I am somewhat “tight” with a dollar or a dime. I was raised by Depression era grandparents. They couponed, they checked the grocery ads and bought the “loss leaders” and did the best they could to make their money stretch. They lived comfortably because they shopped sales and didn’t buy things on a whim.
So I come by being a “tightwad” honestly. I try not to pay full price, watch the sale ads and work to save money. This is a good trait to have a pastor. Up until my appointment at West Heights, I tended to serve small rural churches. Using coupons and rebating made my salary go farther. I kept a price book (with the schedule of food sales) and worked to make sure I had a full pantry and freezer. I worked clothing sales in order to have appropriate suits and professional clothes.
Cars were my struggle. Vehicles were necessary and expensive. I wanted good gas mileage and dependability. When I served rural churches, those two things: good gas mileage and dependability were essential.
Some things never change. I still shop sales, I read the Wednesday ads and work to save money. Three years ago I purchased a “new to me” car.
I love this car! It was “state of the art” in the year 2000. Heated seats, sun/moon roof, gets great gas mileage and in 2012, have only about 85,000 miles. I looked at new cars. I had thought to buy a hybrid like a Prius or a Ford Focus. I was shocked by the sticker price. Yes, I could afford payments, but I hadn’t had one for more than 8 years. I looked at the new Fiats, they were so cute! I had a very nice salesman who wanted to sell me one.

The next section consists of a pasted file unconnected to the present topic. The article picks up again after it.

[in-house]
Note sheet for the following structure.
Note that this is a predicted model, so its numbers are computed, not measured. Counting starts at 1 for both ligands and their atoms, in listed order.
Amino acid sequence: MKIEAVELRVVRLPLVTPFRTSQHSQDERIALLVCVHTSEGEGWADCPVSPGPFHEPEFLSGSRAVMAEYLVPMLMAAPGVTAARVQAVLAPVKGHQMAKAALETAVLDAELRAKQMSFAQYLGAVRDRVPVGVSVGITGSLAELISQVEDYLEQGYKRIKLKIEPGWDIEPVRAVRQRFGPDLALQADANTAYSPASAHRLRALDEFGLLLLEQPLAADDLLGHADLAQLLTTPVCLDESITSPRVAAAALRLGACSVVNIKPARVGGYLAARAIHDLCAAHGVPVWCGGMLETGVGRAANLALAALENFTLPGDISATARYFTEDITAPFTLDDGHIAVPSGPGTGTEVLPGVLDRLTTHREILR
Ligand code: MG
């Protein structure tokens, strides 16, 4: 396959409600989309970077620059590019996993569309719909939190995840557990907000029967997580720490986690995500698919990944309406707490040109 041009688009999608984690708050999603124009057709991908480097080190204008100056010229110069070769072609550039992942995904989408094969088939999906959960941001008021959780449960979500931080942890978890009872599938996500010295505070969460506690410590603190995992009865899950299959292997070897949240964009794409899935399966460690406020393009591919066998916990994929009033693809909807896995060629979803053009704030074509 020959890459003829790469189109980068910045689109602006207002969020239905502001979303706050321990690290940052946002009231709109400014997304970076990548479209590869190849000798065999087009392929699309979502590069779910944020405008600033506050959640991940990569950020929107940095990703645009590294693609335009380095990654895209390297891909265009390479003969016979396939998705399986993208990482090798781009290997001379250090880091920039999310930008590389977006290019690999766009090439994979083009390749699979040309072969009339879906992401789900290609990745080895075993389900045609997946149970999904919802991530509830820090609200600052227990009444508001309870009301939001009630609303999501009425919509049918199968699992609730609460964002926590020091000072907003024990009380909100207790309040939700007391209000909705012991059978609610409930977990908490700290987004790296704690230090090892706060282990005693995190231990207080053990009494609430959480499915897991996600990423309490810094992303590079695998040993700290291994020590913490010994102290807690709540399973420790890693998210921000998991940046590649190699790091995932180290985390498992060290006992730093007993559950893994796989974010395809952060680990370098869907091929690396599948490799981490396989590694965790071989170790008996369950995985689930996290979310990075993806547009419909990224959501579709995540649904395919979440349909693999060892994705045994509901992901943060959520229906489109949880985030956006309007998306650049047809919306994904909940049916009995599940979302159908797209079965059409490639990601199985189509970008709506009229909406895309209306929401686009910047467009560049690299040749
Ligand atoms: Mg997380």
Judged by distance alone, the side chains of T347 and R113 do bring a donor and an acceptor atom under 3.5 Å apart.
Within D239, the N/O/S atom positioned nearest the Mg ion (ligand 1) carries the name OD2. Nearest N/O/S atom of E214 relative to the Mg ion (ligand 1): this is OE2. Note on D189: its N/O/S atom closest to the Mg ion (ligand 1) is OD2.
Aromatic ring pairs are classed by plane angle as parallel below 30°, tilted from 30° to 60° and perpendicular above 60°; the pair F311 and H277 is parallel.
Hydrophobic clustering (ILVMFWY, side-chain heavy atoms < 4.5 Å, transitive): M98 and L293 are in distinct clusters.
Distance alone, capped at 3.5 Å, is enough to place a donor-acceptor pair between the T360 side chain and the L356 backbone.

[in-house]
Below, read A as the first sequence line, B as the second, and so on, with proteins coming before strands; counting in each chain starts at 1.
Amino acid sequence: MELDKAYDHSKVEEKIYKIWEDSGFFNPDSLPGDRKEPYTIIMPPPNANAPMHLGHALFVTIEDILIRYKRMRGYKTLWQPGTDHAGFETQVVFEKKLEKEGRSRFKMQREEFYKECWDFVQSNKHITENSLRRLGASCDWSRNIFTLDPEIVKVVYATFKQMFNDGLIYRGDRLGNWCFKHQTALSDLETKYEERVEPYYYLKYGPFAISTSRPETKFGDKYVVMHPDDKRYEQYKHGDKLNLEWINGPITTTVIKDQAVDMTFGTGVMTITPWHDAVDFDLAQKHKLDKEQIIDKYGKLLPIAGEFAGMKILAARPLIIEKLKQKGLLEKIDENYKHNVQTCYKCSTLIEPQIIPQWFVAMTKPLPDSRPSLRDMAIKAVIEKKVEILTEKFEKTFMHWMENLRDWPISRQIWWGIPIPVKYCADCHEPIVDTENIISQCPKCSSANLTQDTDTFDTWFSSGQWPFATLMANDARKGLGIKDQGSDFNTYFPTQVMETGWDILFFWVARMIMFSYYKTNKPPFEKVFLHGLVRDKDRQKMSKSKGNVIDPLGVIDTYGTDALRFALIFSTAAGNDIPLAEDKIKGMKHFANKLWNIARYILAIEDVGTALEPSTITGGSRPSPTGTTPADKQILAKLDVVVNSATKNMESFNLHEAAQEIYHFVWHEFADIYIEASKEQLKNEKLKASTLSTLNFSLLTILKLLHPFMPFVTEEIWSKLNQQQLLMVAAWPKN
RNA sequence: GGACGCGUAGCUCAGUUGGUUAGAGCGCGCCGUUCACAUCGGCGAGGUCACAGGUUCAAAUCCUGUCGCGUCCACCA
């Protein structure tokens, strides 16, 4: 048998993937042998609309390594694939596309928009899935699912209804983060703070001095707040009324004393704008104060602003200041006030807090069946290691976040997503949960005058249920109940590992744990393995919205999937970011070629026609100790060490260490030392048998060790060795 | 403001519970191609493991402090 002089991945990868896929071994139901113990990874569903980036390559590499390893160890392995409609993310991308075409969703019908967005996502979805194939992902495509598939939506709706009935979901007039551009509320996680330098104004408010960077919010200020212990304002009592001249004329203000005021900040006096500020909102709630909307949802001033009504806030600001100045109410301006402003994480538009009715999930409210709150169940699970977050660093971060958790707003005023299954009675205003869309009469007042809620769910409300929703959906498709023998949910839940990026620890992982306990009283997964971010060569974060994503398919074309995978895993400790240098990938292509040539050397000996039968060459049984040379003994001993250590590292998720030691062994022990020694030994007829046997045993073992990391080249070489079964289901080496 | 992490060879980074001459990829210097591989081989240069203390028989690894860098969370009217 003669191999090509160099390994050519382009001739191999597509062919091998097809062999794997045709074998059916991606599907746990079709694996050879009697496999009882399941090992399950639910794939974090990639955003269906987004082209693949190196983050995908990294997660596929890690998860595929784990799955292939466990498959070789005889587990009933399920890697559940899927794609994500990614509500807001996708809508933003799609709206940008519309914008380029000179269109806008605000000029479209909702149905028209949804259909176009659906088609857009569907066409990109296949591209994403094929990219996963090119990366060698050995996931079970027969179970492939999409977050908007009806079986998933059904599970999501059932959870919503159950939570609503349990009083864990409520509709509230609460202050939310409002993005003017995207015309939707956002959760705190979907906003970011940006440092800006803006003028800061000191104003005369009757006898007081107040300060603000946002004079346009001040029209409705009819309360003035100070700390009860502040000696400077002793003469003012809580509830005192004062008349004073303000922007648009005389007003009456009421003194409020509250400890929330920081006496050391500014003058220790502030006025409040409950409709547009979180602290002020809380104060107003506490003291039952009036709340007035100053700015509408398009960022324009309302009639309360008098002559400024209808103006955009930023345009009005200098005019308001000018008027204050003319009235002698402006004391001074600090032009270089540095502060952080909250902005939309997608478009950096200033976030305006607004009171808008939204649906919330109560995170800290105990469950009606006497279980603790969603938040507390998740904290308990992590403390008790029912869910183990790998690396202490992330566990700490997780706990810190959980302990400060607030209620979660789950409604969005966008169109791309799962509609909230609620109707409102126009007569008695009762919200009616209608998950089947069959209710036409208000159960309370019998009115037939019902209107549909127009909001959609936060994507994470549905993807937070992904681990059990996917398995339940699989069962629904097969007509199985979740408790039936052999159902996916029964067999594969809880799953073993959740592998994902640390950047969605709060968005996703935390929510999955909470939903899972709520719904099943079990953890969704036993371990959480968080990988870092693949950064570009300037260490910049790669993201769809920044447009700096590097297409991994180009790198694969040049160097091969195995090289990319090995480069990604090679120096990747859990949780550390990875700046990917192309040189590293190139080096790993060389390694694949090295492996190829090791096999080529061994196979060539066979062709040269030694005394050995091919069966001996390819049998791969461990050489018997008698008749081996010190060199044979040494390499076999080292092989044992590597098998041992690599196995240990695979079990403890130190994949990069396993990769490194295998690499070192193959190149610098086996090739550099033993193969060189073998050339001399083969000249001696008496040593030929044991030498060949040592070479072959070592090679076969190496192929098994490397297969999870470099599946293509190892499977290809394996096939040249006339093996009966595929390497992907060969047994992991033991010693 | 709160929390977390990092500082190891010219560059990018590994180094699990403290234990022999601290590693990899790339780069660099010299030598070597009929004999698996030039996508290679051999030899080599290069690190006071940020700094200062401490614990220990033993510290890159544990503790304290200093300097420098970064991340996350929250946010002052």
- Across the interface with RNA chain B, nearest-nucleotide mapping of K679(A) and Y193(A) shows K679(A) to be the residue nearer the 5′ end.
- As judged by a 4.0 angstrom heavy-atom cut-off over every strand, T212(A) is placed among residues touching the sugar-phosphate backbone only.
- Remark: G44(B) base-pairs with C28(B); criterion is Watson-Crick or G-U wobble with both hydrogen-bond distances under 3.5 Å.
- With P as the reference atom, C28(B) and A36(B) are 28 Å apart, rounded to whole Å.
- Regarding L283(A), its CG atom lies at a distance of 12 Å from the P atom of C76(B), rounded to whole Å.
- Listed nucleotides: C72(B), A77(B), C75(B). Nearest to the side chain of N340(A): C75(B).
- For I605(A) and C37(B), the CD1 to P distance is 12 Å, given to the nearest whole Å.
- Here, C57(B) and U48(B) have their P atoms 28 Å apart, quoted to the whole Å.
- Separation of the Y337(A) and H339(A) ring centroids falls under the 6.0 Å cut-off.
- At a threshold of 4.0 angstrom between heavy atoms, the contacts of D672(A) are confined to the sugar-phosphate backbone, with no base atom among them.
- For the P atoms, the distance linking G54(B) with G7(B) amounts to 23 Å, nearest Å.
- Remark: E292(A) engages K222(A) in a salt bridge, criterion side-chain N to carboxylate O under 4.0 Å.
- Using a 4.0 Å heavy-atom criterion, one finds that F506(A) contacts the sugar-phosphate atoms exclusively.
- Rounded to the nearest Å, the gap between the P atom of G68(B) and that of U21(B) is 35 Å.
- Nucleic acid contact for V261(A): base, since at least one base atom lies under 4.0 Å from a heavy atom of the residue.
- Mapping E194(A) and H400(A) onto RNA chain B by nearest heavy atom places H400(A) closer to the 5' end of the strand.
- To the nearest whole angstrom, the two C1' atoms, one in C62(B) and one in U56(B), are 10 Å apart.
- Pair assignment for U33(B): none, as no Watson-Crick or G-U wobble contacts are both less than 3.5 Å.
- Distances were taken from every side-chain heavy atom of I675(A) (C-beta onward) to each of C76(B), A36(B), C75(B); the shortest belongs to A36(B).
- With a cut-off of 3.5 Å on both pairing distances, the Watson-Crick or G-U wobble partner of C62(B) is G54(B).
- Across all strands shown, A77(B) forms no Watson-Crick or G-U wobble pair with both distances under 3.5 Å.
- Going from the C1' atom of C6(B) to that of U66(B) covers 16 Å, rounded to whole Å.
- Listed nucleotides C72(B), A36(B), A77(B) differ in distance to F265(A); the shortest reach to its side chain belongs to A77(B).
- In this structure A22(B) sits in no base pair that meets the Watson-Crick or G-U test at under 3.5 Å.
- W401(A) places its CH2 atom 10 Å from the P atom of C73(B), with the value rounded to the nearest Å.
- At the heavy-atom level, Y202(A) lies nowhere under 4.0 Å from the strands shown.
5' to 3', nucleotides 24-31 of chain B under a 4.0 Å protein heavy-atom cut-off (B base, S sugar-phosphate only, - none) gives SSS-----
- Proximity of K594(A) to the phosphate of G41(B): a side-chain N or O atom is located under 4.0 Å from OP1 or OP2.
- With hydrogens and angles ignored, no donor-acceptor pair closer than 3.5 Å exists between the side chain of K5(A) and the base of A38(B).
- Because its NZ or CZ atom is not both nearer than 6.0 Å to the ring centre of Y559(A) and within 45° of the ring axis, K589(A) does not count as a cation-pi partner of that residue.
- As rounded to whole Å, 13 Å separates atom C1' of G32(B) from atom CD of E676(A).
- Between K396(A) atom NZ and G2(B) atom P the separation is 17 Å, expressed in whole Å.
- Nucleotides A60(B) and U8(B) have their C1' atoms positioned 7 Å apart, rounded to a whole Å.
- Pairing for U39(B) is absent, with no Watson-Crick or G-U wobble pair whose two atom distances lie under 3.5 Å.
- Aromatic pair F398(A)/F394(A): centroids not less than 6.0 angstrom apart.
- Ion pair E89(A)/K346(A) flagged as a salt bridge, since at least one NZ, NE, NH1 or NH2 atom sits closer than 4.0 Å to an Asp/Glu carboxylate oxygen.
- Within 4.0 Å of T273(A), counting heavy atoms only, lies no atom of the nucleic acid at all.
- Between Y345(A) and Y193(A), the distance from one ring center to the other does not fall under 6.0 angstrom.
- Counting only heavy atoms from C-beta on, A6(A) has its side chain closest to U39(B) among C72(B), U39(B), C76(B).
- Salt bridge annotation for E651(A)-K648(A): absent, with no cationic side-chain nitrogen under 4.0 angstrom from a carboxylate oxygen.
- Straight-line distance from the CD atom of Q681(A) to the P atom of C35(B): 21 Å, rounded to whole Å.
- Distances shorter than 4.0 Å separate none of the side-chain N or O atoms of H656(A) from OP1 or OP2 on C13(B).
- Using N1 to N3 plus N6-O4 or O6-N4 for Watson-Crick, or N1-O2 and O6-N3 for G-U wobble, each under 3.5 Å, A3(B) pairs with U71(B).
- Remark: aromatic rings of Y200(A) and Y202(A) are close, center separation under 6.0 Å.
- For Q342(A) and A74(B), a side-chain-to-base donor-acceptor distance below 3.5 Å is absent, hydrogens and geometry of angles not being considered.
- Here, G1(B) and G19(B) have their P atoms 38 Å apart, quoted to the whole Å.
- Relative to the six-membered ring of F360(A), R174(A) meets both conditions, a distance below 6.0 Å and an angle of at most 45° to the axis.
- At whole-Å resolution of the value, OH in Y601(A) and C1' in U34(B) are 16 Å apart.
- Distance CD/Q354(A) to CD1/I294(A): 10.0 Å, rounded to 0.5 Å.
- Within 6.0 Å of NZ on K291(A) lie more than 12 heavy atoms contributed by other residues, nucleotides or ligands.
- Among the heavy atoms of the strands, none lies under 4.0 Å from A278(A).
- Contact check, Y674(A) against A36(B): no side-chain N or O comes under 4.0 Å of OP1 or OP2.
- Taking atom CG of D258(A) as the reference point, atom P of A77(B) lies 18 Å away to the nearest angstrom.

In the end I bought the cute little yellow VW bug. It is a standard, so I have to shift! I love that. I paid cash. We have had to buy new tires, and someone sideswiped us and didn’t stop, but I have enjoyed every day of driving this cute PAID for car.
I love driving this VW Bug. Silly, I know, but I love it. It is fun, makes me smile every day and I don’t have a car payment! Everyone has their own threshold of what is important. Mine tends to be what I can pay for in cash and not be in debt. I am grateful that I had money in the bank three years ago and could pay cash for something that continues to be dependable and still gives me joy. I smile as I get in, I often smile as I drive and often hear, “you drive the yellow bug! It suits you!”
I think often our culture encourages us to believe that joy comes from spending more and being in debt. For myself, I have that not to be true. There is much in the world that brings joy that is not based on how much I spend, but in how much I can save. As the holidays approach it is a good reminder to my soul that life is good, and that is not based on how much is spent, but on how much joy is shared.